Today Is the International Day of Happiness

By: Thursday March 20, 2014 11:16 am

Today marks the second ever International Day of Happiness!

Inspired by the concept of “Gross Happiness” and originating from the Kingdom of Bhutan’s fourth King Jigme Singye Wangchuck, also known as The “Dragon King.” The Dragon King saw the importance of government in helping strike a balance between the spiritual and the material. He advocated on policies focused on increasing the happiness of his people.

 

Ebeneezer Scrooge, the Grinch, and the Modern GOP

By: Saturday December 14, 2013 9:00 am

As Christmas approaches, Ebeneezer Scrooge and the Grinch are front and center in the GOP’s blocking of extending unemployment benefits to the long-term unemployed. While Scrooge and the Grinch eventually figured out that they were missing something, the modern GOP in Congress would label them as “weak” and “wishy-washy” and “backsliders.”

And FDR would have eaten them for lunch.

Greece Gets Extension on Meeting Budget Targets

By: Tuesday November 13, 2012 1:40 pm

Greece’s international creditors have delivered a minor lifeline to the ruined country, extending the deadline for when they must meet EU budget targets by two years. However, at the same time, the Eurozone finance ministers delayed the releast of a new tranche of bailout funds from Greece, worth 31.5 billion euro.

Greece Proposes Another Austerity Budget, Its Lenders Decide It’s Not Cruel Enough

By: Tuesday October 2, 2012 1:37 pm

The Greek government submitted a draft budget for next year that would only further increase the pain and suffering directed at the population, despite depression conditions. But the European leaders determining whether the fresh austerity plan is good enough to meet their conditions want even more pain, in the form of deeper wage cuts.

Europe Agrees to Accelerate Spanish Bank Bailout, Decelerate Austerity

By: Tuesday July 10, 2012 8:40 am

Finance Ministers meeting in Europe agreed on a series of measures for Spain. First, they authorized a first installment of 30 billion euros for lending to Spanish banks, subject to approval from Eurozone governments. The money will be distributed by the end of the month, a faster schedule than previously considered. The real question is who is held responsible for the lending, the Eurozone bailout facility or the sovereign government.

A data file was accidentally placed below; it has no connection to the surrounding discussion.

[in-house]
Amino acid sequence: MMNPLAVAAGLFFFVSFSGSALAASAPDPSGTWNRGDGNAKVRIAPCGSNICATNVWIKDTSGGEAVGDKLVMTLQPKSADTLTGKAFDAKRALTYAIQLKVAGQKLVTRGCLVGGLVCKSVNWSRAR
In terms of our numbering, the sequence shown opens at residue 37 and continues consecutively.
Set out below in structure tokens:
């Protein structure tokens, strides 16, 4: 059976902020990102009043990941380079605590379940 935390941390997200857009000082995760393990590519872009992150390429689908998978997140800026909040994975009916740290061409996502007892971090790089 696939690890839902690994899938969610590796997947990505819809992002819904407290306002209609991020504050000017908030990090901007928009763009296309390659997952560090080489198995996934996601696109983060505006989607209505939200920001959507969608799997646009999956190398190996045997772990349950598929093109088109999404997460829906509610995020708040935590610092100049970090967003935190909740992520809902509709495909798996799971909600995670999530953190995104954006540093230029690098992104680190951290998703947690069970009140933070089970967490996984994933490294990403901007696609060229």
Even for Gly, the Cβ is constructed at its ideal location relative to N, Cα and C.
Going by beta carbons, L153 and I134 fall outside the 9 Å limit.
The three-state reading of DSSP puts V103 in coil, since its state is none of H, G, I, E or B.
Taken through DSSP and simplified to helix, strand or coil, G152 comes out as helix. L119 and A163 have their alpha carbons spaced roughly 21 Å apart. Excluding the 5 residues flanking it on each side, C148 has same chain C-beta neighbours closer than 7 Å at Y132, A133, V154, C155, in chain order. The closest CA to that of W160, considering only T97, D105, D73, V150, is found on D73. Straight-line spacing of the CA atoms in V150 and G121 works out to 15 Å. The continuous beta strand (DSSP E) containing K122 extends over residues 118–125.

Early Exits in Greek Elections Show Tight Race

By: Sunday June 17, 2012 11:30 am

Early exit polling from Greece, in the second election to try to form a government in as many months, shows an incredibly narrow race between the center-right New Democracy party and the far-left Syriza party. It raises the possibility that no single party could form a government again, which would mean yet another potential round of voting, and the attendant uncertainty.

Would US Media Have Missed the Great Depression? Watch Them Cover the Latest Non-Issue

By: Monday June 11, 2012 11:53 am

For nearly a week the media has been pressured to focus on an irrelevant distraction involving President Obama’s silly claim that the “private sector is fine,” when he obviously meant to say something that is self evident. But they’re missing the economic and political story of the decade.

Greek Polling Shows Syriza Slipping, Result of Outside Whisper Campaign

By: Monday May 28, 2012 9:30 am

In the US, Republicans like to call accurate descriptions of their plans to destroy our old-age health care system the “Mediscare.” Putting aside the accuracy part, I guess we can call EU leaders’ apparently somewhat successful effort to influence the Greek elections the “Euroscare.” The effect has been to increase polls for parties claiming they’ll support the austerity measures, because Greeks are being told that’s essential to stay within the Euro.

FDL Book Salon Welcomes Paul Krugman, End This Depression Now!

By: Saturday May 19, 2012 1:59 pm

It is an honor and a pleasure to have Paul Krugman at the Lake this afternoon for a conversation on End This Depression Now! Dedicated “To the unemployed, who deserve better,” the book is a condemnation of the policies and mind-set that have produced the worst economic depression since the 1930s. And unlike the Great Depression, which contemporaries did not understand, we know what to do; the current depression is entirely self-inflicted. The broken homes and ruined lives are not attributable to acts of God or the inscrutable logic of the market, but are the direct consequence of public decisions that have amplified the inherent risk of private credit by deregulating financial operations and the attempt to balance the budget when aggregate private demand is collapsing. The central message is that none of this suffering is necessary, and none of it is justified.

Hollande and Merkel Meet as Greek Woes Continue

By: Wednesday May 16, 2012 10:40 am

German Chancellor Angela Merkel and French President Francois Hollande met yesterday in Berlin, in what was kind of an awkward summit. But they did appear united on one point: that Greece must keep their promises and stay in the Eurozone. And that could drive Greece out.

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